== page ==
Letterman bites guest-host bullet: Andrew "Dice" Clay, call your agent

Seinfeld eyes East Hampton manse: Where's the welcome wagon?

"Mod Squad" Immortal dishes couple du jour

Brad Pitt's second thoughts about Oscar

Mike McCurry praises "West Wing": It's not entirely demeaning,,,"

Memo to "Hannibal" producers: Get Najimy while the getting's good

Don't Invite Gwyneth and Oscar to the same party

True or false: Douglas, Zeta-Jones don't even know each other

Ex-Clinton honcho linked to ex-"Cheers" costar

Third party cited in Trump-Knauss breakup

 Gossip queen goes to bat for Talk mag

20th century's No. 1 hit: "Satisfaction" hits the spot

Statement: Spice girl's marital problems insoluble

Charlie Brown, Pogo and me

From Howdy to Charlie Brown, we hate to say goodbye

The Beatle George: While his guitar gently weeps

Jodie Foster's people in mild tiff with CBS

A Peanuts trivia Q&A

Publicist: Boyle still joined at hip

There's video in your future and future in your video

"The future is now": Hit rewind

Whitney Houston presides over confluence of talent

Jim Carrey's flack earns A "D," Cher's A "B-minus"

Geraldo: bye-bye, doghouse

Michael Douglas does nothing much, reporters go wild

Ricky Martin on Menudo: Look back in anger

How to outsmart Halloween crowds at the video store

Tom Cruise puts himself in harm's way, only not really

1800-1900: Steaming towards revolution

1700-1800: Liberty, equality and bloodshed

1600-1700: The earth moves; North America is settled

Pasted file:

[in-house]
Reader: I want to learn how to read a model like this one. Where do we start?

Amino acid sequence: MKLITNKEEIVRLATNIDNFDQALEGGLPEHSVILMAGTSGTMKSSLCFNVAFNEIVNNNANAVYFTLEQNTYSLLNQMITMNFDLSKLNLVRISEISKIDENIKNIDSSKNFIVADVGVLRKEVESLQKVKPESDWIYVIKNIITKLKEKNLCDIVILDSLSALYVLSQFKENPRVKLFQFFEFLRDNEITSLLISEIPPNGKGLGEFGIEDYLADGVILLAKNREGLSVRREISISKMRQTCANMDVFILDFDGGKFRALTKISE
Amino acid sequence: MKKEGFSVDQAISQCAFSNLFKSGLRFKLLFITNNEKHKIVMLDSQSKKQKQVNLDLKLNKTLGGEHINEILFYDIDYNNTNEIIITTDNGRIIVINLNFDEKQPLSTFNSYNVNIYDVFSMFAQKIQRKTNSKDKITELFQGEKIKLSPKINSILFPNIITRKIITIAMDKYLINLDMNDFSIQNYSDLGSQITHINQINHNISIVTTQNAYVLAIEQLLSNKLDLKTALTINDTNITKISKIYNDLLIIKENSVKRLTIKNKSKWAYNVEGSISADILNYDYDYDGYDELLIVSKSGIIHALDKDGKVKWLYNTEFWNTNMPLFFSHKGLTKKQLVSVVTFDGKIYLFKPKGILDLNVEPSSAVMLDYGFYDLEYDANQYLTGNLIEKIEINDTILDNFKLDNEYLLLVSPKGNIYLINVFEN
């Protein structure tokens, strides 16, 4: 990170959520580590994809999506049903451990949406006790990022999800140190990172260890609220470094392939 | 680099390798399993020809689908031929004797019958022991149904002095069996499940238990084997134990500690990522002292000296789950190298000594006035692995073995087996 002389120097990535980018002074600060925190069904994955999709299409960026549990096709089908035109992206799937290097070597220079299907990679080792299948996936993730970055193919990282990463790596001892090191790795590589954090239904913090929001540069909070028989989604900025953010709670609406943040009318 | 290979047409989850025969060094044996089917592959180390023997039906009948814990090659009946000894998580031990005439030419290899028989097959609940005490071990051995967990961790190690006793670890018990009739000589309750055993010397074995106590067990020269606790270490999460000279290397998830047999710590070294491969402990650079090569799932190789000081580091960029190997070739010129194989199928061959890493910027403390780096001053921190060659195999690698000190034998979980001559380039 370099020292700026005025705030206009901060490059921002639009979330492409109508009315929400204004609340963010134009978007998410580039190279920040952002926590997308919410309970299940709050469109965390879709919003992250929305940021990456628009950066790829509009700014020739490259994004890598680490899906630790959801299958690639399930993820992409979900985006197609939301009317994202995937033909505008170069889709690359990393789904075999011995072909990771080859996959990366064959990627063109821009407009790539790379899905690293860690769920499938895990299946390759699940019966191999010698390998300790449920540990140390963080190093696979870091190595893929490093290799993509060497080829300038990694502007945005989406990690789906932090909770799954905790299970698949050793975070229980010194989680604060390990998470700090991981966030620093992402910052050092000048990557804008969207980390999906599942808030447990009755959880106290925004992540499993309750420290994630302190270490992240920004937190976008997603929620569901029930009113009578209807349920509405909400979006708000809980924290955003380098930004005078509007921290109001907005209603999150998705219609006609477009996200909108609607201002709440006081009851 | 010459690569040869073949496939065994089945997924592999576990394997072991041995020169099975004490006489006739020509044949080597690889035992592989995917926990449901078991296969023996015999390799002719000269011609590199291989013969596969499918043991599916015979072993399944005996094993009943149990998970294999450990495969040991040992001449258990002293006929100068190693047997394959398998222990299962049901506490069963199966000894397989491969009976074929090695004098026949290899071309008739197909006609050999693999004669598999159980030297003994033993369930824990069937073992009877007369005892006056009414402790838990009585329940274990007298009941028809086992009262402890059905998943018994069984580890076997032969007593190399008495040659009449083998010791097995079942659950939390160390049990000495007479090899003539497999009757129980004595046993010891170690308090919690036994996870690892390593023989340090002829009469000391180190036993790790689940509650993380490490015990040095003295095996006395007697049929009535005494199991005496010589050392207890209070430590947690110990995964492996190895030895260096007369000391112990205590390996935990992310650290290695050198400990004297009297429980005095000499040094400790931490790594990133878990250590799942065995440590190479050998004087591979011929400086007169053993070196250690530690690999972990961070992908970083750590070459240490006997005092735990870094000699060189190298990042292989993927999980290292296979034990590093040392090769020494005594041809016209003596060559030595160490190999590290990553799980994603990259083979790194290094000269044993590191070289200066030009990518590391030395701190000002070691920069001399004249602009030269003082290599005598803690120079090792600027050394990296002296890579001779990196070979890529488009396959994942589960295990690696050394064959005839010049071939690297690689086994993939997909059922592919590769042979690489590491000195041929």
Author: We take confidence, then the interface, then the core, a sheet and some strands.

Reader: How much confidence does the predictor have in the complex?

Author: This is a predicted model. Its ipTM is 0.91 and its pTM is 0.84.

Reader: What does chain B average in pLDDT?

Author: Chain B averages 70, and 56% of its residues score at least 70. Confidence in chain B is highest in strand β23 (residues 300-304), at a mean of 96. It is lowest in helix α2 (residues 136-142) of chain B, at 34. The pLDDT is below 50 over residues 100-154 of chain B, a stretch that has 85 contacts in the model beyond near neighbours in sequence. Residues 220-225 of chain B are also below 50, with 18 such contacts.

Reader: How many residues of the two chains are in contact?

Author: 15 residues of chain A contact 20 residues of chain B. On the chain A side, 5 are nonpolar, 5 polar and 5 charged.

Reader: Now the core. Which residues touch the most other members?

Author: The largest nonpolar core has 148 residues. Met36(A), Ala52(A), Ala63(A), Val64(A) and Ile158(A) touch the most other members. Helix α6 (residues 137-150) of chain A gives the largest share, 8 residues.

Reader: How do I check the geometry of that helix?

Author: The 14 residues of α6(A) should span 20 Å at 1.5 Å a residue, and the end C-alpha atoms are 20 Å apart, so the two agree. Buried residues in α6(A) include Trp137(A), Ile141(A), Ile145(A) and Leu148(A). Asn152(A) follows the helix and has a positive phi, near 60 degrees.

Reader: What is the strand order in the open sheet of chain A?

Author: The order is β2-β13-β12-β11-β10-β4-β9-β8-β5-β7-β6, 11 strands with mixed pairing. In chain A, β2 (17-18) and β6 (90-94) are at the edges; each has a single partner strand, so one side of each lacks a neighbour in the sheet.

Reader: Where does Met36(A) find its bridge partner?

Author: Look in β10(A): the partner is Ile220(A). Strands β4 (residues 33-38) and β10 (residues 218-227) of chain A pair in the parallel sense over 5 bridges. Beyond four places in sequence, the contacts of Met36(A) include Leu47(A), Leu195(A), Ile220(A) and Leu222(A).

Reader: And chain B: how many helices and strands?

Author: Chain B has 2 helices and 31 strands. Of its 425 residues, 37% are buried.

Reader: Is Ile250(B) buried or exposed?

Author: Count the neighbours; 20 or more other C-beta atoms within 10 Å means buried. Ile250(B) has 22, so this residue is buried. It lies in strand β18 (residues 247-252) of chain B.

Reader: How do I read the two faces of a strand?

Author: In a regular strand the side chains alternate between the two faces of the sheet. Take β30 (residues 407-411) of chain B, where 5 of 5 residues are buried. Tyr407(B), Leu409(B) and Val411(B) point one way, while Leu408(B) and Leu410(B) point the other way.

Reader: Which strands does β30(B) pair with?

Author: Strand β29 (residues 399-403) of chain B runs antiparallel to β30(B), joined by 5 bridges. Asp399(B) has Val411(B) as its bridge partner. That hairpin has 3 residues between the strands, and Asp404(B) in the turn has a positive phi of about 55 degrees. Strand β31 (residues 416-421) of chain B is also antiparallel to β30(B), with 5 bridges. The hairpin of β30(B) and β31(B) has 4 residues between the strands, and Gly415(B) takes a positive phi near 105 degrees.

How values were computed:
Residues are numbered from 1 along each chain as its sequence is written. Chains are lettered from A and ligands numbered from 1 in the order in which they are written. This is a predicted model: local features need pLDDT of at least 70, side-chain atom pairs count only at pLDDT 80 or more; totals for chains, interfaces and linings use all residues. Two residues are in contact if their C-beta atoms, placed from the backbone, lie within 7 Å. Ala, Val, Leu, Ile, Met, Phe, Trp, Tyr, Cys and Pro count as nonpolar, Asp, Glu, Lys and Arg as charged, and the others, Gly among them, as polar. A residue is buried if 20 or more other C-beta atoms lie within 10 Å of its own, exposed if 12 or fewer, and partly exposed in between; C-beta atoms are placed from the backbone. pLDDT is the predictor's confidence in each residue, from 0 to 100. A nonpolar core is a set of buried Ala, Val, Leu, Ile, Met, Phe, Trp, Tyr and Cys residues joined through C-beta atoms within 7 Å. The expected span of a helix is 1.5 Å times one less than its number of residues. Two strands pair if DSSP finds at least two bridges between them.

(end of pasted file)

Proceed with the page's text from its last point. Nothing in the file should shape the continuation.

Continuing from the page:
Trump mulls travel plans, from altar to White House

"Faces of Impressionism" Time machine made of canvas, paint

Major quakes aren't personal unless they happen to you

Brad Pitt gracious about character assassination

Director insists Harrison Ford is not a brainless hulk

Costner, Willis, Douglas. Branagh, Sting_ in that order

Streisand: Color her ready to plug her new album

Julia and Benjamin's rings devoid of significance, flack says

Literary mud wrestling, featuring Geri and The Spice Girls

Urgent news: Ford to replace Gibson on "GMA" eventually

She married a monster from outer space

Never mind Godzilla VS. Mothra, Here's Trump VS. Cronkite

Spurned by Pitt, Redford pays court to Damon

Celebrity coyness is bustin' out all over

"Detroit Rock City": Kiss of death

Talk is cheap? Not with Tina Brown at the helm

The Beats: Remembered, Lionized and Unread

Real estate beat, starring Woody Allen and Donald Trump

Mood Music, or how we learned to stop worrying

Sex in the cinema: From "Last Tango" to "Eyes Wide Shut"

Two easy steps to looking exactly like Ricky Martin

Close encounters of the Muppet kind

Upcoming Brad Pitt movie not garbage, insiders say